Stringent dietary adjustments, albeit effective in delaying ageing, are not attractive to the majority of people. Thus, pharmaceuticals or natural substances that mimic caloric restriction, like spermidine, are emerging as an alternative and feasible strategy to promote healthy ageing.
We are in an era of artificial intelligence, big data, and machine learning, where humans are living longer than ever before. However, this unprecedented life expectancy is not coinciding with a parallel increase in healthy life years. In fact, age-related chronic diseases, including cardiovascular and metabolic disorders, are on the rise worldwide. As such, an extended life span comes at the expense of disability and poor quality of life. Hence, medicines that specifically counteract the underlying mechanisms of premature health decline in ageing are urgently needed to alleviate the enormous burden of age-related diseases on public health and economies. As a result, geroscientists, ie scientists studying ageing and related diseases, have taken the quest to find effective interventions to reverse ageing. Actually, recent experimental discoveries of compounds that ostensibly mimic a healthy diet and tackle the world’s most common ailment - ageing itself - led to a growing belief that healthy ageing is within reach.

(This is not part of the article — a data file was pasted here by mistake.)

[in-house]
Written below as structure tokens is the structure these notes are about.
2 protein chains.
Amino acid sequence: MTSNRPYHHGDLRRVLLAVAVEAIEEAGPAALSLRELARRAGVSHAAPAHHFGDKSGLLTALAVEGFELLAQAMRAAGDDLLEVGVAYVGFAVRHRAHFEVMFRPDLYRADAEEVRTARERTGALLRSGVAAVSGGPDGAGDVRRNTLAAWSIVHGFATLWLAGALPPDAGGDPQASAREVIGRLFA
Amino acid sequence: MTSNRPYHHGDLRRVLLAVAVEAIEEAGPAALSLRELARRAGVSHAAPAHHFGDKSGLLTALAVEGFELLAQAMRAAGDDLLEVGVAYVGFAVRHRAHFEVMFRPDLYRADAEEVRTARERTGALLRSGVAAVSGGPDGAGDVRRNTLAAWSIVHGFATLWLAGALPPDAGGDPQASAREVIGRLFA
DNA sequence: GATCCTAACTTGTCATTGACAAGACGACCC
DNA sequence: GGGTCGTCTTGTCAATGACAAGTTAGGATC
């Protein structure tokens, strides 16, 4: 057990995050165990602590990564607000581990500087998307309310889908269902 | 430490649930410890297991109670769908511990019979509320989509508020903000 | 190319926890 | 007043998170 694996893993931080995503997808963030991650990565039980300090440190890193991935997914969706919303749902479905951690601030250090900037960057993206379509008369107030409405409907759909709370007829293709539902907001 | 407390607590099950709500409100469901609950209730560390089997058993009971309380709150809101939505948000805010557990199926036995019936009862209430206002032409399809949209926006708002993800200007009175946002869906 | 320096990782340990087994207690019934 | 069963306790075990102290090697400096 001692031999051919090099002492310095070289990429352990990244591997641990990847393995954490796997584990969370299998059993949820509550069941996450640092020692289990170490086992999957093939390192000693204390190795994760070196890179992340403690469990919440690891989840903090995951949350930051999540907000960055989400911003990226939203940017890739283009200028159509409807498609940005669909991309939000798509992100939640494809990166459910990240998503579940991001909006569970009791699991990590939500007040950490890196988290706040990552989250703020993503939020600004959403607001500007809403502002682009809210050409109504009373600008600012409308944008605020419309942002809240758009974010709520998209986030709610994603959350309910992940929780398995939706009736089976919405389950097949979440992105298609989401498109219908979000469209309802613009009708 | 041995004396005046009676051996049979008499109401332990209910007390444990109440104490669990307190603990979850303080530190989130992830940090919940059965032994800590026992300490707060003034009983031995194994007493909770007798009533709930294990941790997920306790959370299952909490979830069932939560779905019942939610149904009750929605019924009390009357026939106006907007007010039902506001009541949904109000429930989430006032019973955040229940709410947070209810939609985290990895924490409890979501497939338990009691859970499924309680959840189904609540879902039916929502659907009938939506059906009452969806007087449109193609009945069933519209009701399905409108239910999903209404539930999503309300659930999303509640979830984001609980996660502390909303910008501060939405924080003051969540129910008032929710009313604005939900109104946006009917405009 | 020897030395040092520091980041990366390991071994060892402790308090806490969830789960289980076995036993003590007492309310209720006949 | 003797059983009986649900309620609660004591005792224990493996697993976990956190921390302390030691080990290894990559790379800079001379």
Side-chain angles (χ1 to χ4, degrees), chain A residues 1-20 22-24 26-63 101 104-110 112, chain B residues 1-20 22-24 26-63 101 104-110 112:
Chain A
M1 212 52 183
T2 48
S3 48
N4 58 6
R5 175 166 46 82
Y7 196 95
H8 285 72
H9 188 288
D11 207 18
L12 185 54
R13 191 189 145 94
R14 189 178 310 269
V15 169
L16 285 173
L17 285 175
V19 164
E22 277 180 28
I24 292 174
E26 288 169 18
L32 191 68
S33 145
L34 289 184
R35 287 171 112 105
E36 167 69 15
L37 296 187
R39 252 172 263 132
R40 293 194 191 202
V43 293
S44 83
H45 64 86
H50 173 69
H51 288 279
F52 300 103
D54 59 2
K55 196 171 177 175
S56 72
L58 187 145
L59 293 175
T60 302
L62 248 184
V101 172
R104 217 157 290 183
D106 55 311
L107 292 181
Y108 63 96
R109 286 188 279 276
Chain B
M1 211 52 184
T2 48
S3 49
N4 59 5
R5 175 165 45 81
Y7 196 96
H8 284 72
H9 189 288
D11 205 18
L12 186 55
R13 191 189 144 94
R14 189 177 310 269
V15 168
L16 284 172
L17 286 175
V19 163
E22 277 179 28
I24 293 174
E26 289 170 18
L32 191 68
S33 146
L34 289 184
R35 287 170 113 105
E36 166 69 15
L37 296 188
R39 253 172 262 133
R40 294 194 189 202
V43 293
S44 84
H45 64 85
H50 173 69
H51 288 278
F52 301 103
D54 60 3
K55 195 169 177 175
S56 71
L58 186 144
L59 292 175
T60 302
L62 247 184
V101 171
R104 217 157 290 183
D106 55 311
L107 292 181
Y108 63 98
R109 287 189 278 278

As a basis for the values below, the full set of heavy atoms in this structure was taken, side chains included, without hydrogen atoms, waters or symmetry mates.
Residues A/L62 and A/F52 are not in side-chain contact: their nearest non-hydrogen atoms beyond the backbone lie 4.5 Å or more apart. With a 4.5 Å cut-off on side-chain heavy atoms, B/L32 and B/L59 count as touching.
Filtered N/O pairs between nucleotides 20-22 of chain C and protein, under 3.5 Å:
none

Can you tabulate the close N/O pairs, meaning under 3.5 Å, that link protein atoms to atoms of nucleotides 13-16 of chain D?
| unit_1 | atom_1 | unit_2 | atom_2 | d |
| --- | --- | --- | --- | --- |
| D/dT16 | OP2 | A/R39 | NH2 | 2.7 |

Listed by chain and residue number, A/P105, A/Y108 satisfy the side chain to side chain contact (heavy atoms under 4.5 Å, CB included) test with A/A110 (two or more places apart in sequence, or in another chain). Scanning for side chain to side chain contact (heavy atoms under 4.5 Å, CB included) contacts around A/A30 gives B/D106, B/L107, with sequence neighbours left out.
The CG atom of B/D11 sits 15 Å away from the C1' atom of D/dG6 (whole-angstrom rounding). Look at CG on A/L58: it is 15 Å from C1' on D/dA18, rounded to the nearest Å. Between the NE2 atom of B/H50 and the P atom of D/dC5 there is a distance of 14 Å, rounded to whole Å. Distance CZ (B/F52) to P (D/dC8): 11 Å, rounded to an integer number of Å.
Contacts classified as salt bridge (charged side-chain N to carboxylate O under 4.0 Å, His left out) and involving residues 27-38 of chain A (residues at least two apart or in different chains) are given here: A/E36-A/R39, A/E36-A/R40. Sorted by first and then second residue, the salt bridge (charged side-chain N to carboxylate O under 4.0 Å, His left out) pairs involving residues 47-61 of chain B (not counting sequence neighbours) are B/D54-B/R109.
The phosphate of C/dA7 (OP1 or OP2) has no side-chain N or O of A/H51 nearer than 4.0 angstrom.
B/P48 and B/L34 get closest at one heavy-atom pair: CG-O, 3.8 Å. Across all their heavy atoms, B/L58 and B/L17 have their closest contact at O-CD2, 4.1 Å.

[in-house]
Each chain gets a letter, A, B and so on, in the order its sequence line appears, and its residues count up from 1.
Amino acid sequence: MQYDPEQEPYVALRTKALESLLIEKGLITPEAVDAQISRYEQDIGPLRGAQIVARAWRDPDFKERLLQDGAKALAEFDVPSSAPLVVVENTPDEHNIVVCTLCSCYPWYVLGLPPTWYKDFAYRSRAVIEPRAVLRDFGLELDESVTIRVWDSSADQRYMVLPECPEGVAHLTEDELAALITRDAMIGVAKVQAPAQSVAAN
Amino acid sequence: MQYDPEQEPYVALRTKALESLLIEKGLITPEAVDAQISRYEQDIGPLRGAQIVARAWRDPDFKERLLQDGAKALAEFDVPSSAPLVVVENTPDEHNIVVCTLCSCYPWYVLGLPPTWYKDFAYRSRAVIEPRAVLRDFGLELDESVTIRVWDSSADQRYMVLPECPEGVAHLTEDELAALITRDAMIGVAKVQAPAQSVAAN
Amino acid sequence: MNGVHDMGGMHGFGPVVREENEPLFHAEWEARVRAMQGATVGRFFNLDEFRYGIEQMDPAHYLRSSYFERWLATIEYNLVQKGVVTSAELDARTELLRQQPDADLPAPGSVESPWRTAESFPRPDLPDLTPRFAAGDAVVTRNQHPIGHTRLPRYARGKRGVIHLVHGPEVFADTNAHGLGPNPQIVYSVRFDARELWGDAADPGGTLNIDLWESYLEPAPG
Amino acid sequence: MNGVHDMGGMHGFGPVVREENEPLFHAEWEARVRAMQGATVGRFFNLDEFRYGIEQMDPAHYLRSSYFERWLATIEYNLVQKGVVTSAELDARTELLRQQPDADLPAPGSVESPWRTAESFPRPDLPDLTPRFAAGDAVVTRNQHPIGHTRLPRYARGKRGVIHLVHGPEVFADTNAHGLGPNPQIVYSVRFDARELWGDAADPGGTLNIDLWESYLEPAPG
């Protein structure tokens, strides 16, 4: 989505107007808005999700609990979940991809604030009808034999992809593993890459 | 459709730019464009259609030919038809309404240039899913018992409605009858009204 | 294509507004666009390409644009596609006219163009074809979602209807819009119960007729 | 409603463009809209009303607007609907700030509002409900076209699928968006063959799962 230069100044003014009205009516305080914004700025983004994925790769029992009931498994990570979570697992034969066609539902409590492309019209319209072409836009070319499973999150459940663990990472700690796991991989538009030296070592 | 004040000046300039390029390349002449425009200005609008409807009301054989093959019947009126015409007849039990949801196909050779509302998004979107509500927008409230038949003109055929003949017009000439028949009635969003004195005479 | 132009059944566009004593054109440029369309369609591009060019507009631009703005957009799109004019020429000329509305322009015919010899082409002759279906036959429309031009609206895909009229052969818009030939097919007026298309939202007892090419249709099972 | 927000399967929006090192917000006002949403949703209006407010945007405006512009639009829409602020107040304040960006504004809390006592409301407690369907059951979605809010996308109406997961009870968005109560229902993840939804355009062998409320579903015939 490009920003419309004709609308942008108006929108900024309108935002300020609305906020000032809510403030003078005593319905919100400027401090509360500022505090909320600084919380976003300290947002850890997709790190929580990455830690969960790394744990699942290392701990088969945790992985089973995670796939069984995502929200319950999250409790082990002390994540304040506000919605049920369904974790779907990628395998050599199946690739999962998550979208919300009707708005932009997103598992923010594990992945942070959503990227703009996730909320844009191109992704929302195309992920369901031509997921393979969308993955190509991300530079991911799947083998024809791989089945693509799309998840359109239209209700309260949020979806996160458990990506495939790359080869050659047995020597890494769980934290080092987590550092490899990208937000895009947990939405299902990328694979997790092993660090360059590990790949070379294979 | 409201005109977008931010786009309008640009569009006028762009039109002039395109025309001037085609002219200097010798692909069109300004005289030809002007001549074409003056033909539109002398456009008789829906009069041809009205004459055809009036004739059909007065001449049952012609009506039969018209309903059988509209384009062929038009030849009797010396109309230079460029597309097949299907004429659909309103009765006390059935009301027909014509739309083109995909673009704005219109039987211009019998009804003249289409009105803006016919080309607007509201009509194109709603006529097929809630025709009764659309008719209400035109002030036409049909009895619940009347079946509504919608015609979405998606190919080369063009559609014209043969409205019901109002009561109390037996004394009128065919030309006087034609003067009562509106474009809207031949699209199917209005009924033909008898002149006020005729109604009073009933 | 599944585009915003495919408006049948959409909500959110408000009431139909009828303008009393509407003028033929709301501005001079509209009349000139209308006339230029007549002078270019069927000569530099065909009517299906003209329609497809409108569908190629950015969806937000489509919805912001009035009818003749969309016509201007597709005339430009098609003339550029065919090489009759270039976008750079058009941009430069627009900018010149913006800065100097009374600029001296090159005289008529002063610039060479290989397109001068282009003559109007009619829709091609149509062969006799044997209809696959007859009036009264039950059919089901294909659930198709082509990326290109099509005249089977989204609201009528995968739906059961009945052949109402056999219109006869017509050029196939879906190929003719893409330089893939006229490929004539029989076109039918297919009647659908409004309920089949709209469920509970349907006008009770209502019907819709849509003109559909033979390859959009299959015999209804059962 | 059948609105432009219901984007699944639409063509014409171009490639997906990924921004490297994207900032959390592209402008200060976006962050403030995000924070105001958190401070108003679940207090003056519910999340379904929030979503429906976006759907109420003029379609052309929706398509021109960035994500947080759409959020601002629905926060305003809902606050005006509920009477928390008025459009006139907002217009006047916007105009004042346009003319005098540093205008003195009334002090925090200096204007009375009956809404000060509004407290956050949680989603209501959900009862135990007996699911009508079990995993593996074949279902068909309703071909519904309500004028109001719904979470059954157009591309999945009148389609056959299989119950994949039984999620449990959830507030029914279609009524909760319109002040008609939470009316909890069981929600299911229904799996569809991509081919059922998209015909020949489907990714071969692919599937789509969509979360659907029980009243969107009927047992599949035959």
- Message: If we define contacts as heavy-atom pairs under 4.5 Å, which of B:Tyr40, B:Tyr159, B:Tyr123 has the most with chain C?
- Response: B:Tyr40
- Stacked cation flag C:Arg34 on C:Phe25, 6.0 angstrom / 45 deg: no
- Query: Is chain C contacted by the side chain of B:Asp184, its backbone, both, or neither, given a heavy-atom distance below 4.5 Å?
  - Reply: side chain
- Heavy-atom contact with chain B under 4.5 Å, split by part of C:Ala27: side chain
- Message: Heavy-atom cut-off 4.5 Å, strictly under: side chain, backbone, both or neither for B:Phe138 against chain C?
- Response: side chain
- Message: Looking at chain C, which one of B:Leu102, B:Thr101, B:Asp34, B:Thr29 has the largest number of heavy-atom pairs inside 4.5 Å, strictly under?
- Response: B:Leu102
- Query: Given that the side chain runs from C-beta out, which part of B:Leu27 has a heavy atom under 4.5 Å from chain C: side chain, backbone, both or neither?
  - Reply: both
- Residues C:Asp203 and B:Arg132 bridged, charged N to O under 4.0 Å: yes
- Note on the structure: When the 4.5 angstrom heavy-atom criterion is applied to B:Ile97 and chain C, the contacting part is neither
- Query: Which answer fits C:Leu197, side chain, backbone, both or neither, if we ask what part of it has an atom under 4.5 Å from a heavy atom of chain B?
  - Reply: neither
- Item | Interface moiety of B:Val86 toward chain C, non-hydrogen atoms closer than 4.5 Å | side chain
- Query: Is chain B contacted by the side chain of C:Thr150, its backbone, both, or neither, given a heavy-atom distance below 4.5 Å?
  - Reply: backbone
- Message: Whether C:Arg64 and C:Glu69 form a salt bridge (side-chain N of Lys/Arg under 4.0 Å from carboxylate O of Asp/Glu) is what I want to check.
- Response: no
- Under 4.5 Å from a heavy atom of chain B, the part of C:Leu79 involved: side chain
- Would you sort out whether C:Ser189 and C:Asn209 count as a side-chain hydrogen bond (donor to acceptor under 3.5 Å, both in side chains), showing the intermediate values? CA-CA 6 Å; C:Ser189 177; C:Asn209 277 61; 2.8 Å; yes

Caloric restriction promotes health and prolongs life: is it time to fast?